Both Magee and Landry hail from the Lafayette area and both attended Southern University Law School together and Magee is a member of the Southern University Board of Supervisors. He earns about $140,000 per year as head of the Criminal Division.

In seeking the complaints, the newspaper offered to make concessions to protect the identity of complainants. “We would invite redaction of the initial complaint to protect the identity of the victim, but that is the only privacy interest even arguably applicable,” said Advocate-Picayune attorney Scott Sternberg.

But Landry would rather sue to block any public accountability.

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One of the campaign promises made by President Joe Biden was an end to the practice of private prisons.

If the examples of problems experienced by LaSalle Management, aka LaSalle Corrections, of Ruston are in any way indicative of conditions throughout the industry, that might be a very good thing indeed.

LouisianaVoice in recent months has had no fewer than nine stories of wrongful death lawsuits, class action lawsuit over forced hysterectomies at its Georgia facility, wrongful injury lawsuits, violations of Department of Labor requirements, falsification of records, inadequate employee training and even a description of how the company reorganized its corporate structure in order to deny the ex-wife of one of the company’s principals her ownership share of corporate stock.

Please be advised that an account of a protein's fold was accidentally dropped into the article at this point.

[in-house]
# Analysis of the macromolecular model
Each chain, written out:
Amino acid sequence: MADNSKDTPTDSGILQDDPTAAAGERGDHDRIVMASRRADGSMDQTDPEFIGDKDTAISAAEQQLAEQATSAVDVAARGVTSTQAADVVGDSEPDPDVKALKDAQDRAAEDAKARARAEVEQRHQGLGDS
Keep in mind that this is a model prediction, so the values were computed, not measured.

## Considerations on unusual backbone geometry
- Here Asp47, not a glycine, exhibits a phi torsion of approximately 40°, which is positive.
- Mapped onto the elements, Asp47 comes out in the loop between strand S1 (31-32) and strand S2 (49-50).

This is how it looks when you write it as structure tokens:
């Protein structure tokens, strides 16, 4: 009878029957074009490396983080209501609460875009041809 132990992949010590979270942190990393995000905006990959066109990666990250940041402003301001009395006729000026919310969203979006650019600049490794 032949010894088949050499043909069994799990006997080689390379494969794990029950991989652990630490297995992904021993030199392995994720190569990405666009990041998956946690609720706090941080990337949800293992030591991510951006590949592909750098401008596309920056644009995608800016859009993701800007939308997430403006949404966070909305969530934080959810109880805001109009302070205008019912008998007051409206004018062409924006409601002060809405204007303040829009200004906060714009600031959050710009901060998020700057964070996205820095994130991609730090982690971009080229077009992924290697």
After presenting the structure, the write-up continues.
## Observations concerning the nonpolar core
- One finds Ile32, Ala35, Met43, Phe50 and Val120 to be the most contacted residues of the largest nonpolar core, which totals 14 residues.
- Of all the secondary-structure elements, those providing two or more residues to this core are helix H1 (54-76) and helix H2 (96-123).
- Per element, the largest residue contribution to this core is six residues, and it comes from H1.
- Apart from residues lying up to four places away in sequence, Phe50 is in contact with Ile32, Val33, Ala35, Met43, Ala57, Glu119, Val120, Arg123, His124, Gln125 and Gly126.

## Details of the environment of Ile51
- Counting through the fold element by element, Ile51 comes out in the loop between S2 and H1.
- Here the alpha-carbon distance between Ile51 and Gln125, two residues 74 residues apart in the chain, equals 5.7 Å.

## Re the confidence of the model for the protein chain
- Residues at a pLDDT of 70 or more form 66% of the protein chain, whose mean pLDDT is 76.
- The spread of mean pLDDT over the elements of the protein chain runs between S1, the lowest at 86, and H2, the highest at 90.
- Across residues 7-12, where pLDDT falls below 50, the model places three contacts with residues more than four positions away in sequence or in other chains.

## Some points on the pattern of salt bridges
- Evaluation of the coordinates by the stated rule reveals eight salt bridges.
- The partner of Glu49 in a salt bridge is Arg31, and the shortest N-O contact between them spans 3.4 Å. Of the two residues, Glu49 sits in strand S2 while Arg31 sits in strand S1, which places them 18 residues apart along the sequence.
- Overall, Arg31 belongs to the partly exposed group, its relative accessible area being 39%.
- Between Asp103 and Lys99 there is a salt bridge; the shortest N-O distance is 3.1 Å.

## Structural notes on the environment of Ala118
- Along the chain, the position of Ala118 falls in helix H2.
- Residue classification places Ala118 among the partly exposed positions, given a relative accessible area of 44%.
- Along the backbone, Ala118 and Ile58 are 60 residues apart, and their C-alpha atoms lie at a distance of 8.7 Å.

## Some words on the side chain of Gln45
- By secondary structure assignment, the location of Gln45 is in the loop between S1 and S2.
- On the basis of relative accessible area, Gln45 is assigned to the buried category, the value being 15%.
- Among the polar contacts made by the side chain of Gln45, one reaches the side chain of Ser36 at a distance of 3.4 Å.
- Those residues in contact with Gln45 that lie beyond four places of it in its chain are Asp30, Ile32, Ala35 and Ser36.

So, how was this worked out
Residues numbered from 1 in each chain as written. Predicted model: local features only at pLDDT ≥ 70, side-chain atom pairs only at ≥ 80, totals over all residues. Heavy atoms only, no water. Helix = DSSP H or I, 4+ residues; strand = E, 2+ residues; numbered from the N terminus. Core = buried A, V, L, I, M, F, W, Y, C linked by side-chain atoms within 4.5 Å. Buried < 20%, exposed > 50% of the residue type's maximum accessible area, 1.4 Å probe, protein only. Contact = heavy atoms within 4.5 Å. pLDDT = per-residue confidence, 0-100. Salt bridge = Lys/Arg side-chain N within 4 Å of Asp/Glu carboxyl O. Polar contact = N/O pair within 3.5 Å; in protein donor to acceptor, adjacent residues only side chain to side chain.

As the calendar rolled over to 2021, LaSalle has found itself hit by two more legal blows in quick succession.

In January, the company paid out a $405,000 settlement to a former prisoner at the Jackson Parish Correctional Center who said a fall at the jail left him severely injured and that he was subsequently denied physical therapy. The man, Lane Carter, said he was often forced to drag himself across the jail’s floors because guards refused to provide him a wheelchair. Moreover, following his injury, medical treatment was denied on several occasions and his only treatment was an over-the-counter pain medication.

The latest legal salvo against the company comes in the form of yet another wrongful death claim by the family of inmate Cecil Williams who suffered an asthma attack at the LaSalle-run Madison Parish Correctional Center in Tallulah. He was denied treatment or resuscitation efforts for more than an hour after he lost consciousness and ultimately died, the lawsuit claims.

LaSalle, which Dun & Bradstreet says generates $34 million per year in sales, operates NINE FACILITIES in Louisiana as well as other installations in Texas, New Mexico and Georgia.

Operated by the McConnell family, the company’s headquarters are located, perhaps appropriately, at 192 Bastille Lane in Ruston.